Noting that Lafayette is “just 30 miles north of British Petroleum’s latest contribution to technology,” she put in a plug for Gulf seafood as the cleanest in the country due to all the inspections.


“The engineering equivalent of an NCAA championship” was the way Joe Thompson introduced the report of MSU’s second straight win in the EcoCar Challenge.

“I don’t know why we’re fooling around with the Volt—we should just build this thing!”   – Anonymous GM Test Driver

Rotarian Marshall Molen, team adviser, and mechanical engineering graduate student Matt Doude, detailed the effort that left 16 other schools in the dust. Dynamic road-test events were in Yuma, Ariz., and static presentations and demonstrations were in San Diego, Calif.
Of the seven teams that had operable vehicles, only three completed all events. On a 1,000-point scale, MSU’s 844 were more than 150 points ahead of its nearest competitor, Virginia Tech.
Since 1987, the U.S. Department of Energy has sponsored more than 45 advanced vehicle technology competitions typically lasting three years.
General Motors and Natural Resources Canada are the other two major sponsors. National sponsors provide $75 million, and local businesses and industries provide cash and in-kind support.
Competition objectives are to improve fuel efficiency, reduce vehicle emissions, retain vehicle performance, increase consumer appeal, and educate students and the public about transportation energy issues.
An extended-range electric vehicle, the re-tooled GM sport utility vehicle is powered initially by a battery. Plugged in at night, it takes about ten hours to charge at any standard 110 volt outlet at a cost of $1.50.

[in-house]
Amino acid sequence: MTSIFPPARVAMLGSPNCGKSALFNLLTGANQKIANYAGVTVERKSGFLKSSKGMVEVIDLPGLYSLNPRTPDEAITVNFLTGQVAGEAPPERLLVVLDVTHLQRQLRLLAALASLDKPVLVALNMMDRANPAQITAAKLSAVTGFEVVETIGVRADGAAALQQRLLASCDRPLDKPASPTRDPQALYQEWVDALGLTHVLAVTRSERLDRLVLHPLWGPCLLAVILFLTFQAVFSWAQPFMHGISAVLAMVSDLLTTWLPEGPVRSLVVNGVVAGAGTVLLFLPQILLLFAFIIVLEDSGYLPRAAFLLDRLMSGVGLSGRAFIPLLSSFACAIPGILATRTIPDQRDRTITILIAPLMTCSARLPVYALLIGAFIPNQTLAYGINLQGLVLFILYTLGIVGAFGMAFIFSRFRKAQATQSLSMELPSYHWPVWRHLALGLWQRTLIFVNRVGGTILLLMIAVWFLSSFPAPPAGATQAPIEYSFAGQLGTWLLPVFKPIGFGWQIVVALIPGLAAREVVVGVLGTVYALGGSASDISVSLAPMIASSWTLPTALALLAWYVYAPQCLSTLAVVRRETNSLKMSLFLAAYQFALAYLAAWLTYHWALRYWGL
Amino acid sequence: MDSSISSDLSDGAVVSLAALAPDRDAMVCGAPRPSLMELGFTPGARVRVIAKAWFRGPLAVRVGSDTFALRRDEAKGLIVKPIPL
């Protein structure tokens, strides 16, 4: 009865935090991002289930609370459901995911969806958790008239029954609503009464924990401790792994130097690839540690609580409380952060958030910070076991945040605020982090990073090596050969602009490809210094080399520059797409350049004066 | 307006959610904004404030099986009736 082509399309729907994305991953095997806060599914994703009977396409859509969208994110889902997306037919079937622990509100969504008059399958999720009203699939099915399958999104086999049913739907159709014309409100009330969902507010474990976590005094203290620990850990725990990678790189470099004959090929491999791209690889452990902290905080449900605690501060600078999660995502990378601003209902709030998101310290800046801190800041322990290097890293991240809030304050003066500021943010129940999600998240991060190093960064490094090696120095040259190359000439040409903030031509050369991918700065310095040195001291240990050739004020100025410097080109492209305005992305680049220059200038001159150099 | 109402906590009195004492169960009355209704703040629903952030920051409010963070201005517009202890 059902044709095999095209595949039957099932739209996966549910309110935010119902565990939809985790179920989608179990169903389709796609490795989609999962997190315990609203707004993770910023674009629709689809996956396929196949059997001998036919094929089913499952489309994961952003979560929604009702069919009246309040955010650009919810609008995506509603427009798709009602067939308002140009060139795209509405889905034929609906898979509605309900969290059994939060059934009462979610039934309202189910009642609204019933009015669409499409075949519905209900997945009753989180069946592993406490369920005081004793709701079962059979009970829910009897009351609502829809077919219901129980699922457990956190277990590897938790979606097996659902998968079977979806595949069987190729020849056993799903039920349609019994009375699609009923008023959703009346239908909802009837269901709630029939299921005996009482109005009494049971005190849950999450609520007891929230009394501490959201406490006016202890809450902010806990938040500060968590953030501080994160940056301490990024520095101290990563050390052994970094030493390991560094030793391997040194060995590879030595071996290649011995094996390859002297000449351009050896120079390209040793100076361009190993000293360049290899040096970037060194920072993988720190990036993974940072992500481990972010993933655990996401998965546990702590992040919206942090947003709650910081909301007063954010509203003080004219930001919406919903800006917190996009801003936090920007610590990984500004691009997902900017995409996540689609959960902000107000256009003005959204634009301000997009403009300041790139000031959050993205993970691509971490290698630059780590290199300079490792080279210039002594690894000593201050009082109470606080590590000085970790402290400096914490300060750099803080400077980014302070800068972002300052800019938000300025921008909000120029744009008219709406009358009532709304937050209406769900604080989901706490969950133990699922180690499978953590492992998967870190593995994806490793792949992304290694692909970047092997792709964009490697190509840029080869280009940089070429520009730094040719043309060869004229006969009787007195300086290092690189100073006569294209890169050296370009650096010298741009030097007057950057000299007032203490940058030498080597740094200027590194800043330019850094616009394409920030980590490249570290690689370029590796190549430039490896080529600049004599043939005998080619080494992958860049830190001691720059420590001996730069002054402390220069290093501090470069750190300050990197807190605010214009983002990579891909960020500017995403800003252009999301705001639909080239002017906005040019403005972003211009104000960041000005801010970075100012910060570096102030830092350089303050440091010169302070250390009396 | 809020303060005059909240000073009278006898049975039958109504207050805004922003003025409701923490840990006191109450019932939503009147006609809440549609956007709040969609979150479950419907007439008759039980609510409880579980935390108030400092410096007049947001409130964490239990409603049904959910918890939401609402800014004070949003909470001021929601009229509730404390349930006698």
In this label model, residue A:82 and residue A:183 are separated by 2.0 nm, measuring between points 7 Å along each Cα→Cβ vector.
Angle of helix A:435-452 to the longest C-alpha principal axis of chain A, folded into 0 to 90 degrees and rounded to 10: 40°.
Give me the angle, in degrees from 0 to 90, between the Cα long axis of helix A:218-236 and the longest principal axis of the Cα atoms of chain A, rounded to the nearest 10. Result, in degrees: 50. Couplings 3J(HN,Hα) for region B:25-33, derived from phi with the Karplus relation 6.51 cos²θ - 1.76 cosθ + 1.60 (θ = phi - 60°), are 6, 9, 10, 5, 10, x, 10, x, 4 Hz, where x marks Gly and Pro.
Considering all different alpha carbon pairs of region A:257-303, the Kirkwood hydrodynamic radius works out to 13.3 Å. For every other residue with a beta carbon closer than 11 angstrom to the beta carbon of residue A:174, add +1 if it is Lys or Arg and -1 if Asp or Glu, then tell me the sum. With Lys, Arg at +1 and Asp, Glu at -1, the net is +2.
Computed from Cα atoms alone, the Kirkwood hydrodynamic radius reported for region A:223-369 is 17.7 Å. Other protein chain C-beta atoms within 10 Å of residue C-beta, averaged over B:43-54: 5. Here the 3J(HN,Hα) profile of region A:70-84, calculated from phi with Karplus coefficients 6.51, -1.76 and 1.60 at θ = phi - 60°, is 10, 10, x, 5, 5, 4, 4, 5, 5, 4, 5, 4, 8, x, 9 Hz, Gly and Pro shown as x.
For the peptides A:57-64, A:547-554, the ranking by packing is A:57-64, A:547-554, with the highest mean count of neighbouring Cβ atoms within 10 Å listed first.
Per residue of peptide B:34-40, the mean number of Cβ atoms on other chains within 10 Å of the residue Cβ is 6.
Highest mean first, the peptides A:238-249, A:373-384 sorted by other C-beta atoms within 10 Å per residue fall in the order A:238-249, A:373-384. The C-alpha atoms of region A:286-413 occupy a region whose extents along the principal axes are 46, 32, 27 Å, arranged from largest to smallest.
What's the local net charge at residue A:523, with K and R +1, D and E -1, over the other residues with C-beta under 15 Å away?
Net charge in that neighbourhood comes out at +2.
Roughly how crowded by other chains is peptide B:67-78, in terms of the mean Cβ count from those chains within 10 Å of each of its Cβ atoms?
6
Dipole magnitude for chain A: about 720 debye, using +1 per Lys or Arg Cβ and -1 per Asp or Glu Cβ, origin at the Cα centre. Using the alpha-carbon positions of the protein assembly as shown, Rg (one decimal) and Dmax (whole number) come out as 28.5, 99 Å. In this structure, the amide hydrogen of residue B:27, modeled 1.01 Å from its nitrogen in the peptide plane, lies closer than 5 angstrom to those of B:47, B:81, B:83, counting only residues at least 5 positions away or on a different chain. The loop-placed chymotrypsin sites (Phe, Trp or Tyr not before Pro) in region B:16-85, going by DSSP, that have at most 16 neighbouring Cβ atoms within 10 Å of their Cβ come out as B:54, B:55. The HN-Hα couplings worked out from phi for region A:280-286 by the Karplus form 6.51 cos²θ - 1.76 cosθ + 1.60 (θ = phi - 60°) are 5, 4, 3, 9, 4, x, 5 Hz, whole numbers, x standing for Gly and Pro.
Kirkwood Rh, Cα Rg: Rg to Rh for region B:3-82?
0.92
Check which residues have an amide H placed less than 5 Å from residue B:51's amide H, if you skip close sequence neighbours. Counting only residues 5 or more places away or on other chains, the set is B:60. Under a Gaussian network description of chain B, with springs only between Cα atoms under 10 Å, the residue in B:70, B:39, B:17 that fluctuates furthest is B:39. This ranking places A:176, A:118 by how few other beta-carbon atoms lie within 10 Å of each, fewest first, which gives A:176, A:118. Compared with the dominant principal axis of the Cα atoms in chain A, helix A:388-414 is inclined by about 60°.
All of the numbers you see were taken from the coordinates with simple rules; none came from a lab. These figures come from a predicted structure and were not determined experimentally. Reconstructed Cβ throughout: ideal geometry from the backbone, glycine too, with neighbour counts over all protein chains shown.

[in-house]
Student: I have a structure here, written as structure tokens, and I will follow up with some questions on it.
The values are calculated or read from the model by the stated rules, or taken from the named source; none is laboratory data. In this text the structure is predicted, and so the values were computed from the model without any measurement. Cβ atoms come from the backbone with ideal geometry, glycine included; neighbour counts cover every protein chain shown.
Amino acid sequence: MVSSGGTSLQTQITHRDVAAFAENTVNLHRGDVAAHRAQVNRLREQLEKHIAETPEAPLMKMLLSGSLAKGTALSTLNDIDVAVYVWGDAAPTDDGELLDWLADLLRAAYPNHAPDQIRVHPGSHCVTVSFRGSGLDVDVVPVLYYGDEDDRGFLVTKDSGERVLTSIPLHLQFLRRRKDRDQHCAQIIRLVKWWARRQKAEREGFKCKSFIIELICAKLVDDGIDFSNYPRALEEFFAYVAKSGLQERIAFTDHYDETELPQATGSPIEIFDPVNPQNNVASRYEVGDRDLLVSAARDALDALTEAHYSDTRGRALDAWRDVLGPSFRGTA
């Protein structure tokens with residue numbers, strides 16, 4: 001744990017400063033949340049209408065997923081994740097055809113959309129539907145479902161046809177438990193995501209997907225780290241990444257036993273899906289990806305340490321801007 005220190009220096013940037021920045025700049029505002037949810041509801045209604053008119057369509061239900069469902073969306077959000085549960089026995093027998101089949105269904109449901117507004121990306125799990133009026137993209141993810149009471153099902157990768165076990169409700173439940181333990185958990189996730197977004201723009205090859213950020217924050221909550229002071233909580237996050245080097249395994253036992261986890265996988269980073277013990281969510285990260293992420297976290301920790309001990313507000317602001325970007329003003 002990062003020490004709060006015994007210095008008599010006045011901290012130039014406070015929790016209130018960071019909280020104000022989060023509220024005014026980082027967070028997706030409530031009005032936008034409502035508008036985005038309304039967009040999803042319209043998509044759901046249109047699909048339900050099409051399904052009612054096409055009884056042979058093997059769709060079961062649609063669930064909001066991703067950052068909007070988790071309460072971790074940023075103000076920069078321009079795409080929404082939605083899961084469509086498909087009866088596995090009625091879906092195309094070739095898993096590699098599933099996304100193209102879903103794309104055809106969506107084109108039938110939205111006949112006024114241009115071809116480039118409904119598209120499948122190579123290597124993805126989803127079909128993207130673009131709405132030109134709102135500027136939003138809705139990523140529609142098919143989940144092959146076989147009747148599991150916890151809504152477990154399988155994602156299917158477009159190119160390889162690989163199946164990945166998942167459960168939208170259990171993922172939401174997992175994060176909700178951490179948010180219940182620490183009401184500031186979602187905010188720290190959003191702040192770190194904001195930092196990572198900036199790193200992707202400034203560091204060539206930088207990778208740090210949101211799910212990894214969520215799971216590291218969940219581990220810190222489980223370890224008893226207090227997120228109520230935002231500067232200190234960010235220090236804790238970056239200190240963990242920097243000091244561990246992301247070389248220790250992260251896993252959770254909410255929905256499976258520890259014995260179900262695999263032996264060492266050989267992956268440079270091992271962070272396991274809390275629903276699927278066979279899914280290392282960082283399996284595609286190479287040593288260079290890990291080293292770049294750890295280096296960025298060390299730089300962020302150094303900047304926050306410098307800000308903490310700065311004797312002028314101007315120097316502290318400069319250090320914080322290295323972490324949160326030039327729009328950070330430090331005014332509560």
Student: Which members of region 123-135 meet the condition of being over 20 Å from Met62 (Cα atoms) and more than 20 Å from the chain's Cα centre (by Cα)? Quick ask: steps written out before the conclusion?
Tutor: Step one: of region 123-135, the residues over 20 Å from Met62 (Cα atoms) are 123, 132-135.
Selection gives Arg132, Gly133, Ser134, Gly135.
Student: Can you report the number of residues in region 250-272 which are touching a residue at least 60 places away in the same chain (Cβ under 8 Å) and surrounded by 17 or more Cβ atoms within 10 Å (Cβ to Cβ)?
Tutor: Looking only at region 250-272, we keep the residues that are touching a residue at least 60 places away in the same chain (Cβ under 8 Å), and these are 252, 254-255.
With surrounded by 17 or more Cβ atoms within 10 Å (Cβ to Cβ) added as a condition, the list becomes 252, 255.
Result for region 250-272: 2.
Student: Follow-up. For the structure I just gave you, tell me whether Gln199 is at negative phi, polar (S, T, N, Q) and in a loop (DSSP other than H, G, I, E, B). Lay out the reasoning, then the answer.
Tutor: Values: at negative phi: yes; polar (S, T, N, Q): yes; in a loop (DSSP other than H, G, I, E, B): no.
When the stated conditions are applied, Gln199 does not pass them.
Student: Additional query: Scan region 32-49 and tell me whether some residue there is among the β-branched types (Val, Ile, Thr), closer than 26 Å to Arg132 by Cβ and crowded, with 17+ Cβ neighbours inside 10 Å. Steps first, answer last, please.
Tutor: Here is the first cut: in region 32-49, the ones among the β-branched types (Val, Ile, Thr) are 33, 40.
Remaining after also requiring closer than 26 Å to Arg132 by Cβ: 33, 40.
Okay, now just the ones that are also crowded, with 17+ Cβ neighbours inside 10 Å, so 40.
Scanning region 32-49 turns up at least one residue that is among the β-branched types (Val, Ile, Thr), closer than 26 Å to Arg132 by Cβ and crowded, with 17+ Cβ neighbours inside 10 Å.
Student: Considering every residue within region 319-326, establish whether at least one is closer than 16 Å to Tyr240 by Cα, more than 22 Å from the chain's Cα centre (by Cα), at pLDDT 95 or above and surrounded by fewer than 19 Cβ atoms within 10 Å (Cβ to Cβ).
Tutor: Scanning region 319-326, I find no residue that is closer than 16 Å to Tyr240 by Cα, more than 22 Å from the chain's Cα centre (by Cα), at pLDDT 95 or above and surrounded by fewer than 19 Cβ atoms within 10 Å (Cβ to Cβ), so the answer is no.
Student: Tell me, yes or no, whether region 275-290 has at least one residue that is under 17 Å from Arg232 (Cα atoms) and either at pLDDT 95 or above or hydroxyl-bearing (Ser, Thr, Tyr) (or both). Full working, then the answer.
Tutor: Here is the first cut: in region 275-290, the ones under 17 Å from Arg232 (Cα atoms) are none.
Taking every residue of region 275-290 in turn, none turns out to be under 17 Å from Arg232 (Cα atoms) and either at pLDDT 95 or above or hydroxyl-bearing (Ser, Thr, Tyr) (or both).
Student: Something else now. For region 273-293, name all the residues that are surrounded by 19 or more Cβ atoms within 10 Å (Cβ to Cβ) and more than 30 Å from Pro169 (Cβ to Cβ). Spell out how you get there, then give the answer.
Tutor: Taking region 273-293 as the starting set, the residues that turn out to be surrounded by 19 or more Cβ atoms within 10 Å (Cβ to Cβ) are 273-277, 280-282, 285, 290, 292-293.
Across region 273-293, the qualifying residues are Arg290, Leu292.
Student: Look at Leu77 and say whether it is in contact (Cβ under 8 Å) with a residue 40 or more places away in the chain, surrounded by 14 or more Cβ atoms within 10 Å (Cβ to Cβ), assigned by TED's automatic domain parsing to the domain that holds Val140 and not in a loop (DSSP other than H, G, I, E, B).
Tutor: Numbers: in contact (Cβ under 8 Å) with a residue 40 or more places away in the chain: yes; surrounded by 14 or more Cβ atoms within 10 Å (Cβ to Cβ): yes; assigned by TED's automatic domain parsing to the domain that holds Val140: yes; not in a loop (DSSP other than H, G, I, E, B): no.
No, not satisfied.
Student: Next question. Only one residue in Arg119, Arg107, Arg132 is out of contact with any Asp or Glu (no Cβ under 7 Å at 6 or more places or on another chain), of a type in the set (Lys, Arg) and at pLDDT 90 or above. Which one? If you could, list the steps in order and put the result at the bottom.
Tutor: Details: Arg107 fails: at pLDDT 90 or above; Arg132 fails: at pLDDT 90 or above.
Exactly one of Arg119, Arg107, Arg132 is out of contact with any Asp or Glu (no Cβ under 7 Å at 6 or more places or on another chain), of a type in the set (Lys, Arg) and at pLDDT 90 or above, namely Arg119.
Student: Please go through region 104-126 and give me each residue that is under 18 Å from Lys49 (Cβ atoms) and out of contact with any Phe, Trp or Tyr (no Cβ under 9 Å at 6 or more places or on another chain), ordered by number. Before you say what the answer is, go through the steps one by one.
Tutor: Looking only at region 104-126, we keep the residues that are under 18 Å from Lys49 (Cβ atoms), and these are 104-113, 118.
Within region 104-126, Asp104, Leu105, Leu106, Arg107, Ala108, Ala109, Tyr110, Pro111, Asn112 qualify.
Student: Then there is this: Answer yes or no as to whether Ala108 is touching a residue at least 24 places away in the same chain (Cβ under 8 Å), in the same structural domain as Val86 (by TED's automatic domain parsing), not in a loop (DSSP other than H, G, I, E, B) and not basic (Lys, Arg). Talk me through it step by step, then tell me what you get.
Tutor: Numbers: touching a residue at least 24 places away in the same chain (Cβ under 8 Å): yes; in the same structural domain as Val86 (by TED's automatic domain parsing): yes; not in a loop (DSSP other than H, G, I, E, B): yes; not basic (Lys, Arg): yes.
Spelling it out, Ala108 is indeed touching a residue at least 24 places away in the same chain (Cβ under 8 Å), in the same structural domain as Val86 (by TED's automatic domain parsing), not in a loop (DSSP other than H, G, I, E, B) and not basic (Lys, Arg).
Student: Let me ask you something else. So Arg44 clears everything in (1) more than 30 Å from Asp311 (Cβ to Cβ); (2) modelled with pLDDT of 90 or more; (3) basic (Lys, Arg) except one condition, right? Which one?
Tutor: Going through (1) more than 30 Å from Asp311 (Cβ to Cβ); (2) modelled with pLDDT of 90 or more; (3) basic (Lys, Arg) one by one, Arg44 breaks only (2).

After the battery is depleted, the diesel engine/generator set turns on to maintain batteries and continue driving. The car drives the first 60 miles only on electricity. In comparison, 60 miles in a conventional vehicle costs five to ten dollars.
The plug-in hybrid attains 118 mpg equivalent performance. Zero to 60 mph acceleration takes 12 seconds; and, top speed hits 100 mph.
Battery integration is an electric vehicle’s biggest challenge. The MSU car is the only model to successfully contain the battery within the original SUV space configuration. The power unit is concealed beneath the vehicle’s back deck.
Doude showed pictures of several competitors’ vehicles with rear seats removed to accommodate batteries. One car even had significant space allocated to a fire suppression system.
In all electric vehicles, the major cost is the battery. For example, the Chevy Volt is priced at $40,000.
Student team members benefit by becoming more proficient with engineering tools, gaining practical experience, honing teamwork and communication skills, and being mentored by and exposed to practicing engineers. Molen said the biggest reward comes when an auto manufacturer says to one of the students, “How’d you like to come to work for us?”